Just exactly how does one go about being oneself when portraying another person?
Well first, you need to know who you are. Knowing who you are means knowing and accepting all the parts of yourself – the good, the bad, and the ugly. Coincidentally, getting to know yourself is something you can do every day simply by experiencing life and paying attention to your own thoughts, moods, and reactions. The trick here is to observe your own actions while attempting not to influence them in any way. Those gut feelings, knee jerk reactions, and uncontrolled thoughts are what tell us exactly who we are inside.
We all have likes and dislikes, these too are things that tell us about ourselves.
Think about all the ways you may categorize or describe your friends and others around you. For better or worse, we as humans have a natural tendency (whether good or bad) to place people in boxes, or stereotypes if you will. Stereotypes can have very negative connotations and lead to things like bigotry and racism, but that doesn’t mean that there isn’t some truth to them. Stereotypes are stereotypes for a reason. I don’t want to get into a big spiel about this though because it’s not relevant here. What is relevant is that by paying attention to yourself, you can begin to stereotype yourself and therefore better learn about who you are.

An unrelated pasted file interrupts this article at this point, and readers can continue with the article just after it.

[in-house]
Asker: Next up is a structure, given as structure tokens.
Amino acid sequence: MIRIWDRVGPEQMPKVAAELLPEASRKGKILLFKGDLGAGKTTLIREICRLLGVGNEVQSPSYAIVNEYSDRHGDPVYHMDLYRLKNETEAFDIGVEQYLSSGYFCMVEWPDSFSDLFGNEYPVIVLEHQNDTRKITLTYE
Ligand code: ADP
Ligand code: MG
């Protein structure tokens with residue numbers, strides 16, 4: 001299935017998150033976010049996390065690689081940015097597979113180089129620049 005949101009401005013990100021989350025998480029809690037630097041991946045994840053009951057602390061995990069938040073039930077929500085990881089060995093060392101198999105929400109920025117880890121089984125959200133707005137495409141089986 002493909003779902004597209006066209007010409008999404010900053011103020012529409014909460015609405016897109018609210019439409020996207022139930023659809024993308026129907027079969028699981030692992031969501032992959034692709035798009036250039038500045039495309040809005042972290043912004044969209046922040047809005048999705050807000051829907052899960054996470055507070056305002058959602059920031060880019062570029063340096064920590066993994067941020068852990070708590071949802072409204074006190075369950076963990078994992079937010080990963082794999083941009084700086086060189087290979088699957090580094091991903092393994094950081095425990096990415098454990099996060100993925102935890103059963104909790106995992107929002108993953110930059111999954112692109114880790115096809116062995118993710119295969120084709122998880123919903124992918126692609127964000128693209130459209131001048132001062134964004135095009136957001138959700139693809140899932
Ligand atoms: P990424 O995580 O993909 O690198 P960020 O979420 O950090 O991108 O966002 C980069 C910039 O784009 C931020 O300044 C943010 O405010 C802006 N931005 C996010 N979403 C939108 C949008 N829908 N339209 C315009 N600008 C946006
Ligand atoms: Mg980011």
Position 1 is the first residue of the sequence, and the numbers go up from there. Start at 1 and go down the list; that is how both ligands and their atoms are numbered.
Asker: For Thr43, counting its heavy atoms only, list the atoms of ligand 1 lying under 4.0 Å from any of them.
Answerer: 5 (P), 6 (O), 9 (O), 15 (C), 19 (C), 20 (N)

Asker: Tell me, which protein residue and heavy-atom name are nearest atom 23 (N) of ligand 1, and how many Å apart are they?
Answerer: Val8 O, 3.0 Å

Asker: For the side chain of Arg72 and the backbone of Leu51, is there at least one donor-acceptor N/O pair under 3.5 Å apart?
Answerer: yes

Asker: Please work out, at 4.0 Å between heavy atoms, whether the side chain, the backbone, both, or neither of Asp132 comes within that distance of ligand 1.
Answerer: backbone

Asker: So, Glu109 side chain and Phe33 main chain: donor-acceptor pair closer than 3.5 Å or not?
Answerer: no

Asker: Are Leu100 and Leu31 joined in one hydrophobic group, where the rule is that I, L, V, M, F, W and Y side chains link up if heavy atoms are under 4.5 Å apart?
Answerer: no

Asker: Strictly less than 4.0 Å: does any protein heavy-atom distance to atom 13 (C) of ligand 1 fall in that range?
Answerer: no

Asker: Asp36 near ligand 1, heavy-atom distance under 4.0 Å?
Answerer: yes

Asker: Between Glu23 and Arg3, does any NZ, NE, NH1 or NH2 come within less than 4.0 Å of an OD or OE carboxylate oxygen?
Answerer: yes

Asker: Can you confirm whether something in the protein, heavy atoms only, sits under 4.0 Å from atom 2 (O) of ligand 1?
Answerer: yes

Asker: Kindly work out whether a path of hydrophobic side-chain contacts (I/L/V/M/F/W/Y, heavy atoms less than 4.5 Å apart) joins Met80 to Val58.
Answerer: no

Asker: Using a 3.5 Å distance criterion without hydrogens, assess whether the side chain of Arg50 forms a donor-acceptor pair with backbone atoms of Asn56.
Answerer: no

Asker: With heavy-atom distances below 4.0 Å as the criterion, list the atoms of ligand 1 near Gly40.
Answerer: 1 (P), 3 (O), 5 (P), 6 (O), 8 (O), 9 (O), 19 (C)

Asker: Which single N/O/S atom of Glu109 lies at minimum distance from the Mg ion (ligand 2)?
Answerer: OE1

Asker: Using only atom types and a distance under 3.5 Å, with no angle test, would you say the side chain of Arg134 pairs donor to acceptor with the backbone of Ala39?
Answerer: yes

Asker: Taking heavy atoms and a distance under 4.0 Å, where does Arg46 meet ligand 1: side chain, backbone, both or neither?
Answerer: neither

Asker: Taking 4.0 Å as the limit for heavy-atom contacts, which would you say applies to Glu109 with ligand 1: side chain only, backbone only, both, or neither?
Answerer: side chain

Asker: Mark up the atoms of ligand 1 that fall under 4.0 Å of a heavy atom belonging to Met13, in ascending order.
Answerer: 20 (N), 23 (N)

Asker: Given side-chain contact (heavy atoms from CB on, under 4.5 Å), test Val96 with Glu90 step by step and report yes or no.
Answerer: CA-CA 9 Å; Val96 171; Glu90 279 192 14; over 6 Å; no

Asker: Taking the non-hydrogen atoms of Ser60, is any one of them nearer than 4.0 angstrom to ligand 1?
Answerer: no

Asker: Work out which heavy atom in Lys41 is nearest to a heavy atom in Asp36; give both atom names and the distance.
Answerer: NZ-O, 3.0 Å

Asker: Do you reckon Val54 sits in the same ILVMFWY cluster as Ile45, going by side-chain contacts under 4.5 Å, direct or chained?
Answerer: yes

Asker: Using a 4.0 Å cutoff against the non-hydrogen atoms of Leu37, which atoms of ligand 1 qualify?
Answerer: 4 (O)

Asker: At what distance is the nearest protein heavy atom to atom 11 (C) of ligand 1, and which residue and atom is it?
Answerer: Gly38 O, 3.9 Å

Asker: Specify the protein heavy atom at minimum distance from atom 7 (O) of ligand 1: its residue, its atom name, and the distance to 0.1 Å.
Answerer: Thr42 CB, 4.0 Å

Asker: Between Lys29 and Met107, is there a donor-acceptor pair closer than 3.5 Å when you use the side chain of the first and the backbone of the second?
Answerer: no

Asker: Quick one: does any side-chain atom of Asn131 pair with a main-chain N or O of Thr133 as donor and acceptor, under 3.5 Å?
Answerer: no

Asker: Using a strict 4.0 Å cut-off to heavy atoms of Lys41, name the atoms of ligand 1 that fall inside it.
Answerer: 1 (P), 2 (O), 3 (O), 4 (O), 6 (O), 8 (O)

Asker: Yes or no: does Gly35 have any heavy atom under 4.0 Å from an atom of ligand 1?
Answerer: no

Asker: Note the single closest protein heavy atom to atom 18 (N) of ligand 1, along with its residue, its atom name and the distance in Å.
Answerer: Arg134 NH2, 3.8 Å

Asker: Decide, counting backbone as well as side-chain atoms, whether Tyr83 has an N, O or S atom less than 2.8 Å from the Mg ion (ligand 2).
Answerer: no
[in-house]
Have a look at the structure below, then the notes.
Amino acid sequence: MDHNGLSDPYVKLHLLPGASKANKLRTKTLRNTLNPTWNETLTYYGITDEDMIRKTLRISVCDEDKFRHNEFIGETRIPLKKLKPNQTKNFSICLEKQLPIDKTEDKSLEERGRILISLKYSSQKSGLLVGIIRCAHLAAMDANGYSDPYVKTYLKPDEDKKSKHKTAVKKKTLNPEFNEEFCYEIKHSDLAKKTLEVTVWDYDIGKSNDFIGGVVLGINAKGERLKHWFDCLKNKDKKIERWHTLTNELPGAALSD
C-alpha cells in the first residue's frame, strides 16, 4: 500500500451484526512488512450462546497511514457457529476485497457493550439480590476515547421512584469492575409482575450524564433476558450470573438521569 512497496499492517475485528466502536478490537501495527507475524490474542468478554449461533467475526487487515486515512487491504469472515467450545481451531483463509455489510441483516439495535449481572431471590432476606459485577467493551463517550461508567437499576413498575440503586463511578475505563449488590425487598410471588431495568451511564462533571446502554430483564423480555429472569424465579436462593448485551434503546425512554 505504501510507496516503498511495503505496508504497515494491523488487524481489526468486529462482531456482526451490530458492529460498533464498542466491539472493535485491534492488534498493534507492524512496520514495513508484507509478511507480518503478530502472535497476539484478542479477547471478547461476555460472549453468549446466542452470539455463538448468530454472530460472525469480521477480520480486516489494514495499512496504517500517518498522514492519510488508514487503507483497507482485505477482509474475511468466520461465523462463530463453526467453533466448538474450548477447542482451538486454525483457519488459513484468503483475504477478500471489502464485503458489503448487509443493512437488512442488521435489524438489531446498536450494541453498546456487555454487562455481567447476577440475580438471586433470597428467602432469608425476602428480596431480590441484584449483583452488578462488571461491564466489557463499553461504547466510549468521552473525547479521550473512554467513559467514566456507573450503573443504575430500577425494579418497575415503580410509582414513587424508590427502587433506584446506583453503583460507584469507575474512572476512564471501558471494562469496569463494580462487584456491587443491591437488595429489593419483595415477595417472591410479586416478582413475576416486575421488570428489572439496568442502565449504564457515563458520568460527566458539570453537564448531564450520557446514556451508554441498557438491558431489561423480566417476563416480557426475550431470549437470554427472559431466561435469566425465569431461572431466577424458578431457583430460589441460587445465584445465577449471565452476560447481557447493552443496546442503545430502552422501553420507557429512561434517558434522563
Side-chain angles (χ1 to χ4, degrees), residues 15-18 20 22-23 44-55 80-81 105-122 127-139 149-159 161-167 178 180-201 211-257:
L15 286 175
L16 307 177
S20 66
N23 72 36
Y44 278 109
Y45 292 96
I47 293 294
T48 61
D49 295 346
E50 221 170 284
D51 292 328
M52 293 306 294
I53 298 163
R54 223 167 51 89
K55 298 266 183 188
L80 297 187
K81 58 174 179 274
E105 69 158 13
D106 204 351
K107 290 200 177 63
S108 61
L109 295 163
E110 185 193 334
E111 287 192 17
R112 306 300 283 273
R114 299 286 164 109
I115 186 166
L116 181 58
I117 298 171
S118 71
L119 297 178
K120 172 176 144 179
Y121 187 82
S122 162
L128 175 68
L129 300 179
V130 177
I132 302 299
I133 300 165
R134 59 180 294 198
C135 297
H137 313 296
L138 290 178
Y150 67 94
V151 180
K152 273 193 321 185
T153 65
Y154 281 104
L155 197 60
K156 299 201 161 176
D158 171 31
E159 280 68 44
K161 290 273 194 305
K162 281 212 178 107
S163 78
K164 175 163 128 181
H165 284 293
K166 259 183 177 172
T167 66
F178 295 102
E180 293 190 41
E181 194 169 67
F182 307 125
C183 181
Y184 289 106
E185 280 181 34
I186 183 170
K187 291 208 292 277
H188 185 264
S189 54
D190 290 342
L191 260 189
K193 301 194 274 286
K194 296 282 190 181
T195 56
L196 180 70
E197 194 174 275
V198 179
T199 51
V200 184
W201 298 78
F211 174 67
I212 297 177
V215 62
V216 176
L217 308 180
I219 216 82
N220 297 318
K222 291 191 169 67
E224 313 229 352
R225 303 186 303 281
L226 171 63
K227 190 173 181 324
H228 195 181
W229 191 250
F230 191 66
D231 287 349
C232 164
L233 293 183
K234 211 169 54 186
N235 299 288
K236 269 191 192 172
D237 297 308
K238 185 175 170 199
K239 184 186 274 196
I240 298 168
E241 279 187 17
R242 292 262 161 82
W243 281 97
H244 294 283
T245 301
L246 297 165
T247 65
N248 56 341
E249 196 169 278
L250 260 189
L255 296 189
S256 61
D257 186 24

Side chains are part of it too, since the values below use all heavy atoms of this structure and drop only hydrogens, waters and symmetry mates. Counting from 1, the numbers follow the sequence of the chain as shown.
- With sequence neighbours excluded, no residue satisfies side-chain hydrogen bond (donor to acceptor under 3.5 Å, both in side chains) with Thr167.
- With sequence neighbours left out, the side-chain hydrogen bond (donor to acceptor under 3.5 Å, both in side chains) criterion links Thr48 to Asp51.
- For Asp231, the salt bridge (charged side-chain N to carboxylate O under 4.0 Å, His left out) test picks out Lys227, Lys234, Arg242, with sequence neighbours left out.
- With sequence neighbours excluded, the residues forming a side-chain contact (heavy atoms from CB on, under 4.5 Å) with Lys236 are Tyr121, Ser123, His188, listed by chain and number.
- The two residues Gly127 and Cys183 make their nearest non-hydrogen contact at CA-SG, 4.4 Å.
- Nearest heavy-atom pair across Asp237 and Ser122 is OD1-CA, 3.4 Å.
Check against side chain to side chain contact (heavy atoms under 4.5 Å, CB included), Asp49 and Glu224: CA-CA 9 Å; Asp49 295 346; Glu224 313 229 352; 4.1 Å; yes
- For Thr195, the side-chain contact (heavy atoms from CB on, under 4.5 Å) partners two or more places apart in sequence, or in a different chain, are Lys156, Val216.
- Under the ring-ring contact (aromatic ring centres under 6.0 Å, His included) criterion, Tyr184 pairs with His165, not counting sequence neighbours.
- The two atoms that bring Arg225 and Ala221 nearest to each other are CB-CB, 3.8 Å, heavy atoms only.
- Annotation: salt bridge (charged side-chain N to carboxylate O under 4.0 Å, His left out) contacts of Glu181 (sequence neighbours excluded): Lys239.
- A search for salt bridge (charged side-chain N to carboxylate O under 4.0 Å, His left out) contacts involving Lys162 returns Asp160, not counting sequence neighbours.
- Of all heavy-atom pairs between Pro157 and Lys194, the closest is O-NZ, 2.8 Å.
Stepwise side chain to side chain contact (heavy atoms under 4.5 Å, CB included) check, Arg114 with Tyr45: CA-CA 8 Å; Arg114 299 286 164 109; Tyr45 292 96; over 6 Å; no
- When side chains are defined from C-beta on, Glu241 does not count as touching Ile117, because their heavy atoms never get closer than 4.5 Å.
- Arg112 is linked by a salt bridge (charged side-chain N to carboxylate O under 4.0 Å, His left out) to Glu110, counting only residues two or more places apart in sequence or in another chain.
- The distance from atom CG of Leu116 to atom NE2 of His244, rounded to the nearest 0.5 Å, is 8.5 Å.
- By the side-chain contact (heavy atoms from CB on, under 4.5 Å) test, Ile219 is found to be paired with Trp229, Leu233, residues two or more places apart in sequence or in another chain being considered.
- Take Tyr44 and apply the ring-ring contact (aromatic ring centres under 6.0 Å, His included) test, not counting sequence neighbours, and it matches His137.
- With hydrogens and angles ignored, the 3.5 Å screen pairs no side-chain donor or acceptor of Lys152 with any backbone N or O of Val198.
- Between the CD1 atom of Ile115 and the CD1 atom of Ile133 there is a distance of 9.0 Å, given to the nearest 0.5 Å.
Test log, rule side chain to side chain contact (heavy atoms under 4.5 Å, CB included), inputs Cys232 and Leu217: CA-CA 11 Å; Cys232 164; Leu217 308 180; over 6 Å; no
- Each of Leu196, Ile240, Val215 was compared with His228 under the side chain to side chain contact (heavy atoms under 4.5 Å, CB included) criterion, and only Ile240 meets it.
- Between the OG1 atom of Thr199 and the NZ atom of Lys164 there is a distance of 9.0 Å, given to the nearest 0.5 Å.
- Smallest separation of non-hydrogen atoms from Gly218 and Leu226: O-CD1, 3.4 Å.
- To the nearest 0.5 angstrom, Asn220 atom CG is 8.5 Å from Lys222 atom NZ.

One more thing – pay attention to all those little quizzes you see everywhere, on Facebook, in magazines, in books. While most of them are just for fun and not really based on any scientific principles, they can still tell you things about yourself. Arguably one of the best personality tests available for getting to know yourself better is the Myers-Briggs. And there are many others. Take them, pay attention to them.
Ask your friends who they think you are.
Sit down and write a letter to someone, pretend you are describing one of your friends to them, but make the description about yourself instead – see what you can glean from this experience.
Now when you go to create your next character ask yourself what the two of you have in common. Ask yourself how you would react under their circumstances. Find as many similarities between you and the character as you can and begin your work there. The more you can relate to them, the more you will begin to meld with them, and the more authentic your performance will be.
Next Week: The Importance of Improv in Auditioning